Letters to the editor | April 14, 2018

Stephen Hawking, whose brilliant mind ranged across time and space though his body was paralyzed by disease.
Stephen Hawking, whose brilliant mind ranged across time and space though his body was paralyzed by disease.

INSPIRATIONAL

IT HAS been a while since his death but Stephen Hawking continues to inspire me.

A man who overcame adversity to continue to contribute to the field of science. He died from a disease that doctors told him he die from 53 years ago.

He was an amazing man who deserves to be remembered by everyone on this planet as he has contributed so much.

Collin G. Wood, Newstead.

Wage clarity

In response to Peter Doddy (The Examiner, April 12), the figures he suggested for a Tasmanian politician’s salary were very wide of the mark.

Peter suggested $400-$500,000 a year. It’s easy to check our salaries. They are approximately $137,000 with some allowances.  We are the lowest paid politicians in Australia. The argument to re-establish the House of Assembly numbers to 35 is re-enforced by comparing the salary of an elected person to those of the bureaucratic advisors.

Peter is right when he refers to some bureaucrats receiving around $400,000 and department heads receiving $600,000 and above. On these figures we can employ two or three politicians for the cost of one bureaucrat in some cases.

Of course politicians would be elected by the Tasmanian community.

Ivan Dean, Independent Member for Windermere, Kerry Finch, Independent Member for Rosevears, Greg Hall, Independent Member for McIntyre.

Intelligent film

READING (The Examiner, April 12) from Steve Neilson about the Star Theatre’s latest film Three Billboards Outside Ebbing, Missouri, I was appalled to think he might influence many movie-goers from seeing this wonderful film.

It is very funny, warm and sad at times, occasionally violent. It is an intelligent film which allows the viewers to make up their own minds about how it ends – not to be missed.

Sue Cook, North Caulfield.

True words

I READ two different items that made me want to write this letter (The Examiner, April 8). Firstly as I always do read Jo Palmer’s article, ‘Our Real Silent Shame’, Jo could never have written such truer words.

I then read a letter from A.R Trounson about his hate for baked beans. I wonder if he ever stops to think someone had taken the time to go to a shop and buy baked beans and maybe other items to donate, take them to a donated collection point, where a dedicated volunteer would collect them, then more dedicated volunteers sort all items in to boxes to hand out or deliver to those in need.

Even if its a tin of baked beans or toilet roll, he should be grateful someone has donated those things. Through my life I have struggled many times, but luckily for me I came through it.

L. Morton, Beaumaris.

Basslink failure

BASSLINK delivers excellence in the areas of safety, reliability and performance - well so it says on its website. The announcement that Basslink's latest return to service after another mishap is not expected to be before May 31 highlights Basslink is anything but reliable.  Basslink is either a dud, or are these outages being thrown on us deliberately to build a case for Basslink2 at a further cost to taxpayers? One is starting to wonder.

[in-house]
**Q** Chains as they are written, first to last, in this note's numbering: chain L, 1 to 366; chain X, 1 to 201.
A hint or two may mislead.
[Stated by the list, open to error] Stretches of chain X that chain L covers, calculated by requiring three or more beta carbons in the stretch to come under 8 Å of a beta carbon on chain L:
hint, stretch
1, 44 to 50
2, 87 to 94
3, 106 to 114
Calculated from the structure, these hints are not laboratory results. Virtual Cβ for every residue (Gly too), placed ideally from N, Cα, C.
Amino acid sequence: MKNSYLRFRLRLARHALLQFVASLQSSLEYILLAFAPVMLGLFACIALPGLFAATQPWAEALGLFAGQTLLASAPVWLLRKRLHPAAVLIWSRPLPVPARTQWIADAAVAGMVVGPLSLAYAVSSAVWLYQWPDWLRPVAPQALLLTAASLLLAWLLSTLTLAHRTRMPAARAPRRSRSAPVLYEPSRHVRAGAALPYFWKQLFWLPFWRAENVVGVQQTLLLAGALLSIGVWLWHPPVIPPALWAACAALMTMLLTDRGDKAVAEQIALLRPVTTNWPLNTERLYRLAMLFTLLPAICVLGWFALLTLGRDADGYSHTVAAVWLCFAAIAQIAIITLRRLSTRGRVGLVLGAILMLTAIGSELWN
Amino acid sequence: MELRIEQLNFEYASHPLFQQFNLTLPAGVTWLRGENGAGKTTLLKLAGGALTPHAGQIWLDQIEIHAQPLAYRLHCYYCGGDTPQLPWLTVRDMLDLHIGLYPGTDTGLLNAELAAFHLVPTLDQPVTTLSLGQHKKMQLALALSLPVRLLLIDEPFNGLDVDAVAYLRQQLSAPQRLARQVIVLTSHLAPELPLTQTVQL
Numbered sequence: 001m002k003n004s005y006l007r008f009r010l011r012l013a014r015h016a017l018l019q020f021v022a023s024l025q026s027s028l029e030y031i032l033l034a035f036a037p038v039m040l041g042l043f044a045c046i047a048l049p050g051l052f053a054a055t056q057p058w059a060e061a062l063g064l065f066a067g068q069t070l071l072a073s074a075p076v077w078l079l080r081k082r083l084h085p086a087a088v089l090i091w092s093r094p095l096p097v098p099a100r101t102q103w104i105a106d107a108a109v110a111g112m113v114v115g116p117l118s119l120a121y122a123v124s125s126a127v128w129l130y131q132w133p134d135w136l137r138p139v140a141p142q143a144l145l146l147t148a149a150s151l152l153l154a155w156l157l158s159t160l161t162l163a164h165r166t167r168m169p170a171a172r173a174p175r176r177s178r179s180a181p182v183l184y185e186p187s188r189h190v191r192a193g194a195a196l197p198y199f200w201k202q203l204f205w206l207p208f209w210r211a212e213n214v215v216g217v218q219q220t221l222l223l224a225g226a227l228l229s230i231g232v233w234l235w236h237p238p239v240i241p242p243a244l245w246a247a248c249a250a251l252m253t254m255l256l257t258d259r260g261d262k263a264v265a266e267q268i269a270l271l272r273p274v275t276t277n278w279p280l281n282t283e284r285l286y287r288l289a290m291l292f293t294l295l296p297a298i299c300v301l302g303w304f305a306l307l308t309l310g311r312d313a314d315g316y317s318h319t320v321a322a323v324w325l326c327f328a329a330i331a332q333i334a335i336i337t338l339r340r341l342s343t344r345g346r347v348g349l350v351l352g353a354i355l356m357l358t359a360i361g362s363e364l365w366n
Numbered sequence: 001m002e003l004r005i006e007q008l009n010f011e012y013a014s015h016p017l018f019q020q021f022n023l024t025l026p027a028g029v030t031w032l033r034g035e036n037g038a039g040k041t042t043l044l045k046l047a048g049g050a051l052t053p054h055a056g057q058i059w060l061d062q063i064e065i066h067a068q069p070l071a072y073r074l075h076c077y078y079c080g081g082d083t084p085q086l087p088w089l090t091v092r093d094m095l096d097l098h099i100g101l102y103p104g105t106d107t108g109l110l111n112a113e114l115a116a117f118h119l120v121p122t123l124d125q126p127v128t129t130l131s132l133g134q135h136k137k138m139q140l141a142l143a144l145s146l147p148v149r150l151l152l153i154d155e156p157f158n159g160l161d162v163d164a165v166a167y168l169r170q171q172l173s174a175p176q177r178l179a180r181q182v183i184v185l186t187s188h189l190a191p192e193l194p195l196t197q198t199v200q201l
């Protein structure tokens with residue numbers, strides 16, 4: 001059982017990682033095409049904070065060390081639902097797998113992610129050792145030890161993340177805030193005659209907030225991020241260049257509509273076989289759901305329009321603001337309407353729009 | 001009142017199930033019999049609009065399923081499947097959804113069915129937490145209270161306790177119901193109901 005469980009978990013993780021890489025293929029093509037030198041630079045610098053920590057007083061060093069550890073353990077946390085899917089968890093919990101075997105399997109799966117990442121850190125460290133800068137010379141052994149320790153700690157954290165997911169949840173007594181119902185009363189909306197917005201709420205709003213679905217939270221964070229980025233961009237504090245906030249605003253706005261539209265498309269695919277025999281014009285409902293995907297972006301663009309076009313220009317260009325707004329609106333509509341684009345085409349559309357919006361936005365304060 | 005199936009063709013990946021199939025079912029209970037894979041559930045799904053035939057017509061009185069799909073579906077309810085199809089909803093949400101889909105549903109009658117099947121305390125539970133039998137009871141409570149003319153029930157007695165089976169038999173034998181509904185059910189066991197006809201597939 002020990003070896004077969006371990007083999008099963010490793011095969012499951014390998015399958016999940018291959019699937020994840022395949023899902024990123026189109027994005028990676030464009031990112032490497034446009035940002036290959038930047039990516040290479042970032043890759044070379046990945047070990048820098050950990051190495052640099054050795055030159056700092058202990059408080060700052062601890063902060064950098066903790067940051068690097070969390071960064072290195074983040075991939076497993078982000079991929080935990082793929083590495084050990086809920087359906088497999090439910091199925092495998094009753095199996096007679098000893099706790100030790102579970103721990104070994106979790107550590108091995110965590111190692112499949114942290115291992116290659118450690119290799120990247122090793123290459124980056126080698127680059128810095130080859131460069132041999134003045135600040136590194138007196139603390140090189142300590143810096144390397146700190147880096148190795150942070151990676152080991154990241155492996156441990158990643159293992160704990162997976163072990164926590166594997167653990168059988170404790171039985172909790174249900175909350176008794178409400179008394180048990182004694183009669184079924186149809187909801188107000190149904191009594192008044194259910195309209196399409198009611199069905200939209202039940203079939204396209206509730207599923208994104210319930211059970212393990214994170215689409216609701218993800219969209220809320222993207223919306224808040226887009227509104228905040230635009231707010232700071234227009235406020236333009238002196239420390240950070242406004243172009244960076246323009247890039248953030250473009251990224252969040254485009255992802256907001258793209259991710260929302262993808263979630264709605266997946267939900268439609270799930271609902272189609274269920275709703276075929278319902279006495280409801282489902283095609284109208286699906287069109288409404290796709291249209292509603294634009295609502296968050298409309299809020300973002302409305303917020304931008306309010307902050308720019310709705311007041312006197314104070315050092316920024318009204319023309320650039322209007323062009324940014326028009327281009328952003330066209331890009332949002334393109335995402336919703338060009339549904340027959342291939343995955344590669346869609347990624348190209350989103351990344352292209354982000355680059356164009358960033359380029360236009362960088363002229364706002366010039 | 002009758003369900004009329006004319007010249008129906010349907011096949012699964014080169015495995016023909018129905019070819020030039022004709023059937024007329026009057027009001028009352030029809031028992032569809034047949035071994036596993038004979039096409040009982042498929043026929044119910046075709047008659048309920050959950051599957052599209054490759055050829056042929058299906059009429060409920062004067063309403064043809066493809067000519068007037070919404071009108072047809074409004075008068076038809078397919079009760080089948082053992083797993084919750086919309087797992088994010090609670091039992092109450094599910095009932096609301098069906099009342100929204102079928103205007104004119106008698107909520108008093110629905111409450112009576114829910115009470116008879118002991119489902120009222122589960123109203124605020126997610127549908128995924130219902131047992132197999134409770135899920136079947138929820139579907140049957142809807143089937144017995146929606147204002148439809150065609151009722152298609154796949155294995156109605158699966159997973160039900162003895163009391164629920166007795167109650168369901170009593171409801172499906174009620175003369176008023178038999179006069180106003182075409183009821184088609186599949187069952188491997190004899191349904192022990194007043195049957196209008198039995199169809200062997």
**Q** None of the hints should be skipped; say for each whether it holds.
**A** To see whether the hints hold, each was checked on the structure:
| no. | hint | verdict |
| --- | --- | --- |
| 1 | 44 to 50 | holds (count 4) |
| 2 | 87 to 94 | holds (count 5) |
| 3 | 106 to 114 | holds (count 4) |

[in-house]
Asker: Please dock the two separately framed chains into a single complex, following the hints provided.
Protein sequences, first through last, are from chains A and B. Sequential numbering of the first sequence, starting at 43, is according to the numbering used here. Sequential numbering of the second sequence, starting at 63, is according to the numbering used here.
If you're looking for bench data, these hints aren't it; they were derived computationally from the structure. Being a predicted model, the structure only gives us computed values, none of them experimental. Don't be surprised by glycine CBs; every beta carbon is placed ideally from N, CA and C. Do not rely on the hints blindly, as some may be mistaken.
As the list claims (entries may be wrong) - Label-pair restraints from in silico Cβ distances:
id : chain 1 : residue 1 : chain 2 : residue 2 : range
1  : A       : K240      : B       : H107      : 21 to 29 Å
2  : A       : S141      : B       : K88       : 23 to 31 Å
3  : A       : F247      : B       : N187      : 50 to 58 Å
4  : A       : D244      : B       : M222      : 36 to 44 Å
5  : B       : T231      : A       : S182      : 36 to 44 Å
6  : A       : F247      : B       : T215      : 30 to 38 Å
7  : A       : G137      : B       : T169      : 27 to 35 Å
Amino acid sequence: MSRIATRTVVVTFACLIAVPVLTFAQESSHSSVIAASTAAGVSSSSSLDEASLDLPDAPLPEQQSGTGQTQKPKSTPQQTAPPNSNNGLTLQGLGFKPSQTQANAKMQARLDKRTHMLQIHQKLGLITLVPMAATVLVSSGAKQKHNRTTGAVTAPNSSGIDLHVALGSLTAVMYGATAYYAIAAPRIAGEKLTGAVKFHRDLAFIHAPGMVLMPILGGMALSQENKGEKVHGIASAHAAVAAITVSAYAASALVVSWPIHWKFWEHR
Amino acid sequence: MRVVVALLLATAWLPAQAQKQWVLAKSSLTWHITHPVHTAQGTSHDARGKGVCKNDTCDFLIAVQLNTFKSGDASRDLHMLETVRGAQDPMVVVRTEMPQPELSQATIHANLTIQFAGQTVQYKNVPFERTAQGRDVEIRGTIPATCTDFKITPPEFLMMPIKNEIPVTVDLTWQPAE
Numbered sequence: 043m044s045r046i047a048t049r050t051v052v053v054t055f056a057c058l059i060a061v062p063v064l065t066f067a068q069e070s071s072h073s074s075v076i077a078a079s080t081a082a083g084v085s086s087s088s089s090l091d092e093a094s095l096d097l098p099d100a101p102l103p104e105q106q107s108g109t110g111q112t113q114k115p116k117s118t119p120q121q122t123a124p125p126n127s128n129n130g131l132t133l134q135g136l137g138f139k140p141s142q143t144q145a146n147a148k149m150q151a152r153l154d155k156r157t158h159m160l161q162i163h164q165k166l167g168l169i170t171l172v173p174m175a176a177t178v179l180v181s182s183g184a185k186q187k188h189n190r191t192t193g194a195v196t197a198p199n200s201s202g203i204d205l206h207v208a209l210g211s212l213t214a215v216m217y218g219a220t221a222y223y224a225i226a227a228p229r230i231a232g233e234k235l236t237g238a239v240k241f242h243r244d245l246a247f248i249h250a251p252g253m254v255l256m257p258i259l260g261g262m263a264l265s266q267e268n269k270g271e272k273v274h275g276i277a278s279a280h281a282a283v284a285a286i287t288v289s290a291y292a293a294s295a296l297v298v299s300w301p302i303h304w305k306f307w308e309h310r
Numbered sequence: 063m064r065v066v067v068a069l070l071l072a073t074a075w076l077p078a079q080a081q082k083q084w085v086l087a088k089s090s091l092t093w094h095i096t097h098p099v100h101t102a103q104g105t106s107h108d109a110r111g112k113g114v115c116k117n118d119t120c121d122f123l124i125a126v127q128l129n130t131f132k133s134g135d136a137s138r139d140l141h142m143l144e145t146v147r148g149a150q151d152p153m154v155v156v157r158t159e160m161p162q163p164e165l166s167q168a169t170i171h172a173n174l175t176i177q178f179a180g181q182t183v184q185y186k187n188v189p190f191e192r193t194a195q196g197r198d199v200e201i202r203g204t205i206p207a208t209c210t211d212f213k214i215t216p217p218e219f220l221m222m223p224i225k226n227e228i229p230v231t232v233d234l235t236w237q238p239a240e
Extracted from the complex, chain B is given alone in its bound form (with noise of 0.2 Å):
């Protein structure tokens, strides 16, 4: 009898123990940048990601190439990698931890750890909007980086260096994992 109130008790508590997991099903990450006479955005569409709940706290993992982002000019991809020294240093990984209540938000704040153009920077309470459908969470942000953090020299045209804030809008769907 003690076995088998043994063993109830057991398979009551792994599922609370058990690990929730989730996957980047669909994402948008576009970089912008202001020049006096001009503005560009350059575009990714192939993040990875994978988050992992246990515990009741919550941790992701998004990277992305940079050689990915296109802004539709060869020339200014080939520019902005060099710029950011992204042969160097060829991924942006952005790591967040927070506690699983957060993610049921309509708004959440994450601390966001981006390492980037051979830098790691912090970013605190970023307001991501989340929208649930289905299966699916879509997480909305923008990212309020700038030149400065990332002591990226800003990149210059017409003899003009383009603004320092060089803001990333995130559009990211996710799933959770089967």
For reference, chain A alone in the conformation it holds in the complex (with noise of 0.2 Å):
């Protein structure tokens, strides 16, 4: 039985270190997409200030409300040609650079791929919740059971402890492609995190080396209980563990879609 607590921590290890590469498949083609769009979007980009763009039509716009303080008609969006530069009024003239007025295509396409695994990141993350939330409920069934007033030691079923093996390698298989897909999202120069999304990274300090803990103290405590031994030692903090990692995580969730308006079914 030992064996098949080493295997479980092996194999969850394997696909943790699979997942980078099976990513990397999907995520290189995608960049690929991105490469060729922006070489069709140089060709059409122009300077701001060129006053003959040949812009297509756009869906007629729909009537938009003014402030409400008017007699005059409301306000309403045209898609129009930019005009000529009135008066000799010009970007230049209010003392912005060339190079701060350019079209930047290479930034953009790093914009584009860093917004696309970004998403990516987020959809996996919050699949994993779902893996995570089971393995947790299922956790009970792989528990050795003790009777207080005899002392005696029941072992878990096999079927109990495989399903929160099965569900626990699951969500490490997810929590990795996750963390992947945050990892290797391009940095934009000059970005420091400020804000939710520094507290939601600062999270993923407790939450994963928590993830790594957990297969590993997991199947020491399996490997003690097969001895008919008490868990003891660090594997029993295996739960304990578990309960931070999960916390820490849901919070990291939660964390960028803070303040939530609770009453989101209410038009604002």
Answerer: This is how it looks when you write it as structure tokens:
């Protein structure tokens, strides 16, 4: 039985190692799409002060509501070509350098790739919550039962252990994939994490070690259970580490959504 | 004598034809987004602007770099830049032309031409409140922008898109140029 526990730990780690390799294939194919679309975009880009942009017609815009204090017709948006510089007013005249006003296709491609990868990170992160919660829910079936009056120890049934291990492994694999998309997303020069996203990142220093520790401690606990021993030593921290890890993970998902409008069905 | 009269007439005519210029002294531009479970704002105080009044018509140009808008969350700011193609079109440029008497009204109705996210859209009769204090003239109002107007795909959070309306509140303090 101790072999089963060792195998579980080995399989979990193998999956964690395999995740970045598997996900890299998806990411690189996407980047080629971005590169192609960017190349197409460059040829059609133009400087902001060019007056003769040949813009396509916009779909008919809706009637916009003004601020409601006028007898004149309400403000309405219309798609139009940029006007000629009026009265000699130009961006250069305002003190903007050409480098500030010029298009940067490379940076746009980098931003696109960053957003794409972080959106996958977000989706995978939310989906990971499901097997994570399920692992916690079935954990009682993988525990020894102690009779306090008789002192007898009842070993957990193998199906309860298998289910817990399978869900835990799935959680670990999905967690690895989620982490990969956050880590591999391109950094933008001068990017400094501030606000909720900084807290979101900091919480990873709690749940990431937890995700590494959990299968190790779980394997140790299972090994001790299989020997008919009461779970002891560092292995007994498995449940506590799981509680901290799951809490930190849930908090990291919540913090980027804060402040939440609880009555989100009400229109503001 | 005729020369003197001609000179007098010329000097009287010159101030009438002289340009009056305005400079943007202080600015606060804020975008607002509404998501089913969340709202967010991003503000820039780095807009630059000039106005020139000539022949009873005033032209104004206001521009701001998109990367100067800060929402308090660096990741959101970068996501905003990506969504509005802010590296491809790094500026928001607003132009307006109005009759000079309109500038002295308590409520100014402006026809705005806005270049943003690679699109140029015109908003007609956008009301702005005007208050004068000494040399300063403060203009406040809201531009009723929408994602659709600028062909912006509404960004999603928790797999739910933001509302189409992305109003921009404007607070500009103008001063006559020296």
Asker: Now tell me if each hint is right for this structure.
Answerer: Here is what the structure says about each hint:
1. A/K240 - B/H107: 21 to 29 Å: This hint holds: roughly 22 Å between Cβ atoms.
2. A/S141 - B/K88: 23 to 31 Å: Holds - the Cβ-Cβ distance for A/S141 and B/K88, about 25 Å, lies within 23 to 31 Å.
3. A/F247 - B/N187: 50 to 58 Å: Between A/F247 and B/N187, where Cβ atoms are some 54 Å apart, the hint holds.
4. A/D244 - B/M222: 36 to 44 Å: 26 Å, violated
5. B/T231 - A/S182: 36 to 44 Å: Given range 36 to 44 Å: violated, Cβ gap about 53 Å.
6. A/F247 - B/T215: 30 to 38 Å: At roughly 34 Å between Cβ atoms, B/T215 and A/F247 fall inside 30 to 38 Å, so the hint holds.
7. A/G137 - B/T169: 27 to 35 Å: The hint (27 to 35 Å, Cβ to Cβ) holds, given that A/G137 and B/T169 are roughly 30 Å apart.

Clive Stott, Grindelwald.

Bullying

DAVIS Seecamp (The Examiner, April 10) raises some excellent ways to stop/deter bullies and bullying. I’d go a step further, and deny them access to all electronic devices for a week for each incidence of bullying reported. With so many addicted to social media these days, the punishment would certainly be felt and, no doubt, stop at least some of what is becoming an everyday occurrence.

F. O’Sullivan, Riverside.

Timber commercial

I NOTICED the feel good commercial on TV about building a timber framed house. I also noticed the house pictured is missing the roof bracing.

Rod Force, Sandy Bay.

Eco tourism

THE premier wants to make Tasmania the eco tourism capital of the world. Who does this benefit? These exclusive resorts cater for the wealthy, but very few Tasmanians will visit them. Do they employ local people? Where do the profits go? 

How long before our camping sites and shacks become too untidy for the visitors and there will be pressure to make our state beautiful for them?   

Margaret Dertesi, Perth.

Angry and Sad

LIKE Jim Collier (The Examiner, April 11) I too am horrified about the live animal export, I wonder if the government is too busy to stop this unacceptable practice. Surely this terrible, terrible suffering of animals must prompt some action of the minister responsible.

Hedi Raak, Clarence Point.

Tamar Lake

I’M AFRAID that I must agree that damming the Tamar will not solve the silt problem and will only leave a large smelly lake of sewerage. The only way to clean the river is to pump the silt to somewhere that will not see it return. The previous attempts at stockpiling the mud in levied areas only cause the mud beneath those areas to be forced back into the river. As previously suggested pump it up into the numerous old granite quarries behind Rocherlea where it could be mixed with other green waste and excavated materials would be one idea or simply cart it by barge out into Bass Strait where the tides would disperse it over a large area.

Ken Terry, Bridport.

Wages

A UNIVERSAL basic income would enable Australians to have money. If they became unemployed, have to care for others, wish to study or start up a business. Without having to contact Centrelink.

Leon Cooper, St Leonards.

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